A PROPOSED cycle zone in Selkirk has won the backing of the town’s common good fund committee.

Selkirk’s business improvement district scheme, now known as Selkirk Means Business, has unveiled plans to turn a portion of the town into a cycle repair zone, where cyclists visiting the area can rest, lock up their bikes and repair them on a specially-designed repair station.

To help fund the cycle zone, Selkirk Means Business asked for £4,500 the the town’s common good fund committee, which met on Wednesday 13 February.

A statement accompanying their application explained that the cycle zone will be situated in the shadow of the Mungo Park statue, just off the High Street.

The statement reads: “As part of our detailed assessment of visitor groups to the town and the services available it has highlighted the specific need for a cycle zone which allows visitors and locals to carry out repairs as well as securely park their bicycles in a public area whilst also taking the opportunity to take in refreshments, acting as a hub point for both meeting and relaxing either at the mid point or end of a route.

“There is a current cycle chain up point in the Market Place though this does not meet the specific needs that user groups have identified and as such to date there are few spaces for cyclists to comfortably leave their bikes within the town centre, refresh and to sit with their bike.

“The area around the Mungo Park statue and especially below the chestnut tree is a hugely popular meeting place for all ages and very well used through the year, it is though clear that the area is in grave need for an aesthetic uplift as part of the proposals the existing wall coping will be removed and replaced with new contrasting coping as well as the current uneven and broken dated paviours replaced with new appealing paving.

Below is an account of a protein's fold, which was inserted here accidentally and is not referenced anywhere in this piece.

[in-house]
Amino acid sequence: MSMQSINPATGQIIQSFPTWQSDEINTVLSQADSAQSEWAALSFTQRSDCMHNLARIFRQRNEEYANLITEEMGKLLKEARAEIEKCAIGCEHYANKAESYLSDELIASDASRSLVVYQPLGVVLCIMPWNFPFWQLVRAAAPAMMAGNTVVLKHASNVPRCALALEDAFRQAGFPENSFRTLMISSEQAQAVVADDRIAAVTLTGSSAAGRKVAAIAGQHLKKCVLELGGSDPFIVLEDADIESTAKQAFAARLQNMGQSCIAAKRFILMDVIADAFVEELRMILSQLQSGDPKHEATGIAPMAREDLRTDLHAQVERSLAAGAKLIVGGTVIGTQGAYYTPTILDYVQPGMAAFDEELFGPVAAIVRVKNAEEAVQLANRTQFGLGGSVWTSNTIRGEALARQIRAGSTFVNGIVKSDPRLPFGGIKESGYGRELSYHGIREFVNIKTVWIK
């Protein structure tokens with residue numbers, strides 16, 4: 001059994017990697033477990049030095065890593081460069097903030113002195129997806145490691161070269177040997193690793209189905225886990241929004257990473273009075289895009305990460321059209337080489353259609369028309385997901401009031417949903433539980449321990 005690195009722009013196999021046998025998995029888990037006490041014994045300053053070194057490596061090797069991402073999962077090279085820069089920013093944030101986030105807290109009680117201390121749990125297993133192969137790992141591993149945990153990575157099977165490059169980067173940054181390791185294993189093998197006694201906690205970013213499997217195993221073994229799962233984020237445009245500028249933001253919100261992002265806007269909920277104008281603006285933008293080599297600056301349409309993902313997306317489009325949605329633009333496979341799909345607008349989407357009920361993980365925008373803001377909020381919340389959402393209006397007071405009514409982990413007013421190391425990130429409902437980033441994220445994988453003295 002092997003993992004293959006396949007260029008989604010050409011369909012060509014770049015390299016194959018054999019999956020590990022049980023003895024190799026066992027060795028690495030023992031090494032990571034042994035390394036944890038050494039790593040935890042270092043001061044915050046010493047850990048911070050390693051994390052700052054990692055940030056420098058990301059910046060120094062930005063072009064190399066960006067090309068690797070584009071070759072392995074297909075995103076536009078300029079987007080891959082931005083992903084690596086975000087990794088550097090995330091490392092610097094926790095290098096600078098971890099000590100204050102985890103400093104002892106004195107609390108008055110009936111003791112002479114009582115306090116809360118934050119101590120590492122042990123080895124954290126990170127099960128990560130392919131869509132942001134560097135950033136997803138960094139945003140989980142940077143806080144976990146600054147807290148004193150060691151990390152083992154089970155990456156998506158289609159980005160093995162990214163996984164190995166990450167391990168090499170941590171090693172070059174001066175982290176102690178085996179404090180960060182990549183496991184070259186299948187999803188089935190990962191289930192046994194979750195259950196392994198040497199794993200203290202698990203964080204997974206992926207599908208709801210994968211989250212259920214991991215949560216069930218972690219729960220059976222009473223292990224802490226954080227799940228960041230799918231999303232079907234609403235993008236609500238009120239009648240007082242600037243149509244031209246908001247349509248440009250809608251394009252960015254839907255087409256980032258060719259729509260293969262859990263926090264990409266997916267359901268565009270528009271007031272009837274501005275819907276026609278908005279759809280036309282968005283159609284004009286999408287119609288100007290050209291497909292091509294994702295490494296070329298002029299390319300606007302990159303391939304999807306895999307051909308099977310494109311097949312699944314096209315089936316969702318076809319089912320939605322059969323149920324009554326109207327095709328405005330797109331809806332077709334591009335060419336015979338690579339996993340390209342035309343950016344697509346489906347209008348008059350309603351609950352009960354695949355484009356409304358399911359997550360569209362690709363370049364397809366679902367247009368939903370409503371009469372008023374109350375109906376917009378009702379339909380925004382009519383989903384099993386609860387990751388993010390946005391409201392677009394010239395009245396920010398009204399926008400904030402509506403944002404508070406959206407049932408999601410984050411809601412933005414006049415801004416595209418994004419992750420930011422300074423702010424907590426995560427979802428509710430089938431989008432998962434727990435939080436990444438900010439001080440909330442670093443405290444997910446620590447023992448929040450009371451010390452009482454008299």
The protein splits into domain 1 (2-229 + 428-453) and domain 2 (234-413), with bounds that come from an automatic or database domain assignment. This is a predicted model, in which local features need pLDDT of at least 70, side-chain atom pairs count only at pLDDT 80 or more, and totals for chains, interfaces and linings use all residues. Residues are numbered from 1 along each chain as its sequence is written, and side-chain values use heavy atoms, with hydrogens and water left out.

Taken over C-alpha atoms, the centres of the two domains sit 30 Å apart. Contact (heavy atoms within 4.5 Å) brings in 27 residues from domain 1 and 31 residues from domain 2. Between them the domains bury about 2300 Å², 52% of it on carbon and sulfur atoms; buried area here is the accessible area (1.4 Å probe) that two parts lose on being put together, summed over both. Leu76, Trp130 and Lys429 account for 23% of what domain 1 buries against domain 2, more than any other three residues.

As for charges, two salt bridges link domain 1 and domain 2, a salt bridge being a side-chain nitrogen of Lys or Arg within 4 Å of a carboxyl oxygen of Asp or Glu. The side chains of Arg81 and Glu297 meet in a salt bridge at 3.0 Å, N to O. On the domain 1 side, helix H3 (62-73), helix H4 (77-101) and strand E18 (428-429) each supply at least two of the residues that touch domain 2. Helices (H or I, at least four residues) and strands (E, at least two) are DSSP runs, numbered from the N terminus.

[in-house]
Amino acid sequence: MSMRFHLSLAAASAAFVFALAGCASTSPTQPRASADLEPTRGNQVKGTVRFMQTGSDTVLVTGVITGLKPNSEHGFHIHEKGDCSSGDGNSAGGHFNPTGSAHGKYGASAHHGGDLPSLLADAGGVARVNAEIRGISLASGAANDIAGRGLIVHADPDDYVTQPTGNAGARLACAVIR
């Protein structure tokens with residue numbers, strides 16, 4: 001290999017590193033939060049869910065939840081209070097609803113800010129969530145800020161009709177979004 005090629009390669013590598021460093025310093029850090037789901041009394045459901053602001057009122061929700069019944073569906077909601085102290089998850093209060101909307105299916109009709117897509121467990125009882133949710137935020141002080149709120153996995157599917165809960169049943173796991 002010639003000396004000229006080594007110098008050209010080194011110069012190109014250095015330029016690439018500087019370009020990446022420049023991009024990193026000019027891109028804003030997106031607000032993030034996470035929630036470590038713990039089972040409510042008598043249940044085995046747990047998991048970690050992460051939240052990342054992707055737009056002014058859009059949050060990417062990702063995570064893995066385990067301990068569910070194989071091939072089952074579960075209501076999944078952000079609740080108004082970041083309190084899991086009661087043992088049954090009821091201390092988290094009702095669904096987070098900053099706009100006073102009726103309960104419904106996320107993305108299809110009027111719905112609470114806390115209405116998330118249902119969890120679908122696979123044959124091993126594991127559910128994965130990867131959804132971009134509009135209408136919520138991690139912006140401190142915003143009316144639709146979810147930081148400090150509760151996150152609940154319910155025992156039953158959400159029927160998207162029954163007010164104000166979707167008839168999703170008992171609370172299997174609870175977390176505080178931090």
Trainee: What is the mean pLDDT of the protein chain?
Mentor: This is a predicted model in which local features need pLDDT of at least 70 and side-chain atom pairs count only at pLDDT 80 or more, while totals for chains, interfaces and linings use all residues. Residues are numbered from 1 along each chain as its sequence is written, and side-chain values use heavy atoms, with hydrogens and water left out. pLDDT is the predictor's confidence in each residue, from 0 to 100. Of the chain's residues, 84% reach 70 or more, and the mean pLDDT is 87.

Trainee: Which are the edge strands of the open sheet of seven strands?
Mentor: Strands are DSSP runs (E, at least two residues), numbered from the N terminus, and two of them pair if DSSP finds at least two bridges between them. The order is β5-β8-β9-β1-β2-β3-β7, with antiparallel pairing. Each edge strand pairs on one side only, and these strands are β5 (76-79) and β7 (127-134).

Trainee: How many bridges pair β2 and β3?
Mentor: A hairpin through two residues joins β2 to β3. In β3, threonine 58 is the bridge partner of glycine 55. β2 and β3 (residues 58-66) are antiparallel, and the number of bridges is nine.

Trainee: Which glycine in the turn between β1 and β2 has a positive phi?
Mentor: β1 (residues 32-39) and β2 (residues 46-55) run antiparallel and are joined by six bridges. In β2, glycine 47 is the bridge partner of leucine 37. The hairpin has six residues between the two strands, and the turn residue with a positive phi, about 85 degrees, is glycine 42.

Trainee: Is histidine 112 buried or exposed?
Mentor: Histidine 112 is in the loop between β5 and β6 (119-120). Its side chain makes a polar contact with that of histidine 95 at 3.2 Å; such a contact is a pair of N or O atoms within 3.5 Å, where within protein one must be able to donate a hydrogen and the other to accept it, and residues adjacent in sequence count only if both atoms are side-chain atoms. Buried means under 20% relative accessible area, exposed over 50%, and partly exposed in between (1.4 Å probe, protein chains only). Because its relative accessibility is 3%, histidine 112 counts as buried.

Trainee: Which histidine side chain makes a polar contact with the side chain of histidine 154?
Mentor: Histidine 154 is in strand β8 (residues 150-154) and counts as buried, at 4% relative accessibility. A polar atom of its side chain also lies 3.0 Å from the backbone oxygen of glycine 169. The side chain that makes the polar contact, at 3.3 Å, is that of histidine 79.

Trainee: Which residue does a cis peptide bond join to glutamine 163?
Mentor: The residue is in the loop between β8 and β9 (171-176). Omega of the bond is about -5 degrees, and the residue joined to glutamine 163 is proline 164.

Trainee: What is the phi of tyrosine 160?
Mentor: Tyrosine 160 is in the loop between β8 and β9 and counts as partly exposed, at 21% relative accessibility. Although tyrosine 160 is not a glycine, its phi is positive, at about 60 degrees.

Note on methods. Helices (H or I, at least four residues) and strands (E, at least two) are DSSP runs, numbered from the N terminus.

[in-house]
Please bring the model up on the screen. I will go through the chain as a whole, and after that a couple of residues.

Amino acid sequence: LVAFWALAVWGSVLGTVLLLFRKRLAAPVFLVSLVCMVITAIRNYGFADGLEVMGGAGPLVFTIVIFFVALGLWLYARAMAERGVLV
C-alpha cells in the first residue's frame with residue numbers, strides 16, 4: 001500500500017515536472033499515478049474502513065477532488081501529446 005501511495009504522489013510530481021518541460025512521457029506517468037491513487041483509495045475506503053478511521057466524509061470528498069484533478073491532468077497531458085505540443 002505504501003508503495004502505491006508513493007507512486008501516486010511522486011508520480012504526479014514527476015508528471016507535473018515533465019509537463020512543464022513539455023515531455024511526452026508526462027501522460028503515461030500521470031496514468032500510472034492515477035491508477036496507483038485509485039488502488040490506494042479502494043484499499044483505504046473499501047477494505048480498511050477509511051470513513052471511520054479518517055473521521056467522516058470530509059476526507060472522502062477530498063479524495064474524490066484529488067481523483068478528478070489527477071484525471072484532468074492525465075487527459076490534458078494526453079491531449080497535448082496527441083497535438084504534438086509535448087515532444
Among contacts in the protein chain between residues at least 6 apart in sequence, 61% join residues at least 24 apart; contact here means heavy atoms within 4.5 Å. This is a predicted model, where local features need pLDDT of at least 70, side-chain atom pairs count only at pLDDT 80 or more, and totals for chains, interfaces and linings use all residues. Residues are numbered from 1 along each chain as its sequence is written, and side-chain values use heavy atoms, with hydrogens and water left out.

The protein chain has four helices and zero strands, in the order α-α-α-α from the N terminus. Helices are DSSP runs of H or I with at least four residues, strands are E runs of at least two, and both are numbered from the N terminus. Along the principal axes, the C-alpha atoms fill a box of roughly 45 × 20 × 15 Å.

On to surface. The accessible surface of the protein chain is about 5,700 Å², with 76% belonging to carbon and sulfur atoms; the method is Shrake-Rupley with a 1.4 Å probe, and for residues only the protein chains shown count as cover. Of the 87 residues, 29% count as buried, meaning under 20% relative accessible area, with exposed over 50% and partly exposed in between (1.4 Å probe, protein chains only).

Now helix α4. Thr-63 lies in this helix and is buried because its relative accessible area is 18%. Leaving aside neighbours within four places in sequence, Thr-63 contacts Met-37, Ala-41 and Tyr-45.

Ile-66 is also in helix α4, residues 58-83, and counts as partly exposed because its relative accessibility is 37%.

“In conclusion, we feel that the overall upgrade of this area both provides a huge opportunity to increase visitors to the town as well as providing a focal point amenity upgrade for locals, with the added benefit of benefiting of safeguarding the popular area for the future.”

Speaking at the meeting of the common good fund committee, Selkirkshire councillor Gordon Edgar said: “The only thing I want to know is: do they have permission as that is council property? I mean it would certainly be an excellent thing to bring in and it will encourage cyclists to come to Selkirk, as it will be known within the circle that there is this facility for them.

“It appears it will be able to accommodate eight bikes, there’s two stands, and a bike station. There’s a bike station at Tweedbank, where you can put your bike up and work on it, blow your tyres up, et cetera.

“This is a good idea, and if it’s properly marketed it will bring folk into Selkirk.”

Councillors were broadly supportive of the application, but concerns were raised by fellow Selkirkshire councillor Elaine Thornton-Nicol around the maintenance costs of the cycle zone, as the application suggested that there were no recurring costs involved.

The committee agreed to support the cycle zone, to the tune of £4,500, but on the condition that Selkirk Means Business comes back to the common good fund committee with a detailed breakdown of maintenance costs, and proof that they have permission to redevelop the area.